OnePlus is a rare beast: A startup building smartphones. Their first device is the Android-based OnePlus One, which, despite its unnecessarily repetitive name, is impressive hardware in a market where legacy device makers rule the roost and charge top dollar for smartphones packing the same kind of internals as the One . The OnePlus One is actually a remarkable deal at $299 for an unlocked device, and proof that Google isn’t the only company in town that can offer Nexus style price economics.
Basics (As Reviewed)
- MSRP: $299
- 5.5-inch, 1920×1080 display
- 16GB storage
- Quad-core 2.5GHz processor with 3GB RAM
- LTE, 802.11ac Wi-Fi
- Product info page
- Cheap without compromises
- Highly customizable out of the box
- Hulking huge design
- Customization isn’t for everyone
The OnePlus One is a monolithic device; with its 5.5-inch screen, it’s firmly in the realm of what we once referred to as phablet devices (sadly the term is dying as more phones extend to larger displays). But it does at least manage to fit all that screen in a package that’s as slim as possible – the device is only around 0.35 inches thick.
It’s just a shade smaller than the Galaxy Note 3 in terms of overall footprint, but it more closely resembles the Nexus 5 in terms of its lines and the matte finish of the plastic back, which is somewhat rubberized for grip. As far as gargantuan devices go, the OnePlus One is among my favorite to hold, however, and the Nexus styling is visually appealing, too, as is the slightly protruding top and bottom metal-look lip. It manages to be one of the best looking Android phones recently launched, even if the look is a tad derivative.
The OnePlus One’s performance is unparalleled for a device in this price range, and that’s almost all that needs to be said about that. It packs as much RAM and the same kind of processor as smartphones that lead the category in terms of specs, like the Samsung Galaxy S5 and HTC One (M8) – yet it manages to do so at a fraction (more than 1/2) the price of those devices. And the specs aren’t hollow; their effect is felt in the animations of the OS and the performance of Android games and apps loaded onto the device.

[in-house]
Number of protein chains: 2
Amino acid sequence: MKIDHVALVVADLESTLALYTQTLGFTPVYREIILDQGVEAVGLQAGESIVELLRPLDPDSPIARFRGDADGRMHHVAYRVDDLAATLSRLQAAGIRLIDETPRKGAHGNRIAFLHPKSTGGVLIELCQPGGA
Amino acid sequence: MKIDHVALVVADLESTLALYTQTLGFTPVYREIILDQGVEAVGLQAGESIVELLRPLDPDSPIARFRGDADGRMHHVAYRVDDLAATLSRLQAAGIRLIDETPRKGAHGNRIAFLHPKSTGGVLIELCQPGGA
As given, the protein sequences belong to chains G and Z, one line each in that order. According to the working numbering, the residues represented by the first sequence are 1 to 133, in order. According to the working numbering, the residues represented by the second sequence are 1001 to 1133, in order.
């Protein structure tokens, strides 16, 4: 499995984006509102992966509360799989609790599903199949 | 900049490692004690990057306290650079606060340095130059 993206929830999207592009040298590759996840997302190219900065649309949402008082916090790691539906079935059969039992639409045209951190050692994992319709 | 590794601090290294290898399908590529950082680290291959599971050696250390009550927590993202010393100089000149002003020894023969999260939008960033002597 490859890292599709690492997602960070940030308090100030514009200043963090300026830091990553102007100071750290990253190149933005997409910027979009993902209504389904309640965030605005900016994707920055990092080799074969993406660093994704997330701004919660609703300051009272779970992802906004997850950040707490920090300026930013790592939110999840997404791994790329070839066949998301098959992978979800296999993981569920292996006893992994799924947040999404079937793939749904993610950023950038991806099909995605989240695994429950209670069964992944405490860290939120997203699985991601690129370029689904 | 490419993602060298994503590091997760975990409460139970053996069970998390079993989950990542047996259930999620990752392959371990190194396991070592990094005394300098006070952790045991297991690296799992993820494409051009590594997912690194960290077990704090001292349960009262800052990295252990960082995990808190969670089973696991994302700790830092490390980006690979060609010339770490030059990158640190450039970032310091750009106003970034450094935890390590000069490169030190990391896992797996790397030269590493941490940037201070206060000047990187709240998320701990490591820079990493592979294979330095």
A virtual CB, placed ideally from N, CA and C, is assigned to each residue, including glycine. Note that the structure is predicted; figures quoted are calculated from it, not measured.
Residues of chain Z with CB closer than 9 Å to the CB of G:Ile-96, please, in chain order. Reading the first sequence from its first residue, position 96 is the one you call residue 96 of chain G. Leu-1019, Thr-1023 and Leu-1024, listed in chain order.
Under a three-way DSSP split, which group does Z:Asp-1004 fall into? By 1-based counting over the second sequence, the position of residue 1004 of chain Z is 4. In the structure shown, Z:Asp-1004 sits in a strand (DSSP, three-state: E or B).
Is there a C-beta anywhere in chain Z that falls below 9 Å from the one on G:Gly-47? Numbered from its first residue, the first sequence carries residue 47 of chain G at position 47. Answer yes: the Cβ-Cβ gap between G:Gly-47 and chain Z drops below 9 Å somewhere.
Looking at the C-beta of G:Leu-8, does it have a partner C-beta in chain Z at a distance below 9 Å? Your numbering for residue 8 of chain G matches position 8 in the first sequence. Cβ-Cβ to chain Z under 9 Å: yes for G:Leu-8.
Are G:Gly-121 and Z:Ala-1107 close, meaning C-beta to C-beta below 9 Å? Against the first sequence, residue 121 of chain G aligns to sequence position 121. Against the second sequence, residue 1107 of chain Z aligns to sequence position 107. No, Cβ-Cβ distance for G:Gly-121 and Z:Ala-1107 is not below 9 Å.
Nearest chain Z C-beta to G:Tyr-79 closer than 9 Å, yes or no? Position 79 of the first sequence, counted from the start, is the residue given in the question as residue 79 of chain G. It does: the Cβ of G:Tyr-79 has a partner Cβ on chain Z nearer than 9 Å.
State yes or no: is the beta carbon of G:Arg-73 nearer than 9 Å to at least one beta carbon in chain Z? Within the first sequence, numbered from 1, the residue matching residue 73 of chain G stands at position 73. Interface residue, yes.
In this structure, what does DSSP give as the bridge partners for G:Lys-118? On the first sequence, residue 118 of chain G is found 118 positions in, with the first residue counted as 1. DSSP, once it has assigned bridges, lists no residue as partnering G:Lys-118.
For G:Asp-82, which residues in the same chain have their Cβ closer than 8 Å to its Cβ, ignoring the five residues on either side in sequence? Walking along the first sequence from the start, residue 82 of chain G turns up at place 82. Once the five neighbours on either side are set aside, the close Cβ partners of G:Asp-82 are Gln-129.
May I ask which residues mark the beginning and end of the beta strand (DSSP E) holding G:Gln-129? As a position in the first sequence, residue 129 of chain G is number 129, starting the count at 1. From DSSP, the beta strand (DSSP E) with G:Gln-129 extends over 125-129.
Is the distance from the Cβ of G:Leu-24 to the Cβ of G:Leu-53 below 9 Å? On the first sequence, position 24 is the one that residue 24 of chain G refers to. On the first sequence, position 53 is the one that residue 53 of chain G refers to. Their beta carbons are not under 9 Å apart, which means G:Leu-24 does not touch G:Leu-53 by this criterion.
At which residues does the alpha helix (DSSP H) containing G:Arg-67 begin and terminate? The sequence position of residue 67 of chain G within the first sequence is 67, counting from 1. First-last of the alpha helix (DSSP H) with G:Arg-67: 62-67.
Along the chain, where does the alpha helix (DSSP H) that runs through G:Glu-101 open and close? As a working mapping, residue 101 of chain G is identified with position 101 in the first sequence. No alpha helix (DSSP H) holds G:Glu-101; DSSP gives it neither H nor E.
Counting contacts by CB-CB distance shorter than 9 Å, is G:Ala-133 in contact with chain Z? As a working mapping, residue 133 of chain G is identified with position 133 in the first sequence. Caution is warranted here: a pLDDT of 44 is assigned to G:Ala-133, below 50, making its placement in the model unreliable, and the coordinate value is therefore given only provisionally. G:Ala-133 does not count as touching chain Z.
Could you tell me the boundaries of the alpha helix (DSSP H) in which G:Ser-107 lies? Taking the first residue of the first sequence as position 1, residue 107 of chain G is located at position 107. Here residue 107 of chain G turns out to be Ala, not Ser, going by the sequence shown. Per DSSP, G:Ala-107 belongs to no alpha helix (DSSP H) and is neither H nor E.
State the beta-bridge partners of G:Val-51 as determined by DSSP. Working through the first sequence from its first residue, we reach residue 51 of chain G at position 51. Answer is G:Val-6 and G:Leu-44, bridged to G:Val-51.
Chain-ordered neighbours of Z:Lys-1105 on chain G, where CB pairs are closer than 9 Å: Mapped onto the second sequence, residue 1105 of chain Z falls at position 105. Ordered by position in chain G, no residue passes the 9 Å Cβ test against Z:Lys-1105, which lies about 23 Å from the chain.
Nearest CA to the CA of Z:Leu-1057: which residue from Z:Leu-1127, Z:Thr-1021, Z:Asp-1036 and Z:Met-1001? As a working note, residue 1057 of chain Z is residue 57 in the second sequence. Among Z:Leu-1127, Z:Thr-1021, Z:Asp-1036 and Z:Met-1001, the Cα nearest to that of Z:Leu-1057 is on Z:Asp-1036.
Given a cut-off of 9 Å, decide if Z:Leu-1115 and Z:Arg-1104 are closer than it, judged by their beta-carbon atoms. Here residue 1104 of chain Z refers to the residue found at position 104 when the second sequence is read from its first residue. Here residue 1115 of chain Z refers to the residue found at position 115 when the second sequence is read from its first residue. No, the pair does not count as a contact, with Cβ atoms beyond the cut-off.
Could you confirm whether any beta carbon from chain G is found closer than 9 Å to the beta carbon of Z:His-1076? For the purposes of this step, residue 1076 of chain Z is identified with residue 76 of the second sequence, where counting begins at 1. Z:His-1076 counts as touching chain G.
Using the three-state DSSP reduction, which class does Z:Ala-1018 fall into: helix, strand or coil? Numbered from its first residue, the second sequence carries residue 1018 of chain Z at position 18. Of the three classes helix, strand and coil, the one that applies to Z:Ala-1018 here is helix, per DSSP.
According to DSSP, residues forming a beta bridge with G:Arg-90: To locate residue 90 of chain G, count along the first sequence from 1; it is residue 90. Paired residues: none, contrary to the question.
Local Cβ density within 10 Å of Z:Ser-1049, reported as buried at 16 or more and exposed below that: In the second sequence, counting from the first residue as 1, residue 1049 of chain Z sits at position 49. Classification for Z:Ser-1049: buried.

There were some issues early in testing with weird visual glitches when accessing the settings and notification panel from the top bar of the home screen, but OnePlus quickly acknowledged and then zapped these issues with a software update – another of its virtues is that it can push these out without leaning on either Google or carrier partners thanks to the use of Cyanogen as its primary OS. This Android fork offers a near-stock experience in many ways, but with extensive customization options. It’s a very capable performer, too, and in many ways much better than the customized interfaces that most other Android OEMs throw down on top of Google’s mobile platform.
Speaking of Cyanogen, it provides the OnePlus One with many of its tricks, which include the ability to fully change the skin of your device with various onboard and downloadable themes. By default, the phone came with a horrible square icon reskinning of Android, but the point is that I didn’t have to live with the bad design choices of the phone’s creators; instead, I was able to swap out for a much more default KitKat look with minimal effort and no special permissions required.
OnePlus is full of such customizations, and a quick look at any Settings screen will reveal the extent to which you can modify elements including the lock screen, notification/status bar, home screens and more. The whole thing is basically a playground of tick boxes, switches, submenus and more, and that’s a very welcome thing for people who like to fuss with their phones. But for those who are content to have a device that works reliably and consistently, and presents an uncomplicated experience, this could be a bit overwhelming; most OEMs try to reduce and refine the Settings app, not complicate it further.
Still, for this reason, OnePlus’ inaugural device is something that probably appeals more to hardcore Android fans than even stock Nexus devices. It encourages playfulness and meddling, which is in the spirit of the original Android OS, before Google started slowly massaging it into more of a closed and controlled direction. Software-wise, this is the Nexus for Nexus lovers, as illogical as that may sound.
The OnePlus One is impressive in most regards, but the fact that it can manage to include such an effective and good-looking screen at this size in a handset at this price is perhaps most impressive of all. The 5.5-inch display has excellent color rendering, and at 404 PPI pixel density, also won’t show any pixels no matter how hard you stare at normal viewing distances.
The display seems to hover at the very top of the glass on the front of the phone, too, and renders text perfectly. It’s great for watching movies and viewing images, and if there’s a flaw to it at all, it’s that some of the assets included, like stock OS icons for the built-in flashlight and audio recorder, aren’t designed to be viewed on such a high-res display, meaning they appear slightly fuzzy and look wrong.
OnePlus One manages to do the impossible, offering up top-tier specs at mid-tier prices. It does this seemingly without sacrifices (battery life was excellent, for instance, especially when using the smartphone’s display sparingly). The camera is a decent performer, beating the Nexus 5 by a wide margin, though falling short of the Galaxy S5 and the iPhone in this department. But its flaws are small things, details that fail by matters of degrees rather than huge margins, and for a smartphone that costs less than half of many of its competitors, that’s nothing short of amazing.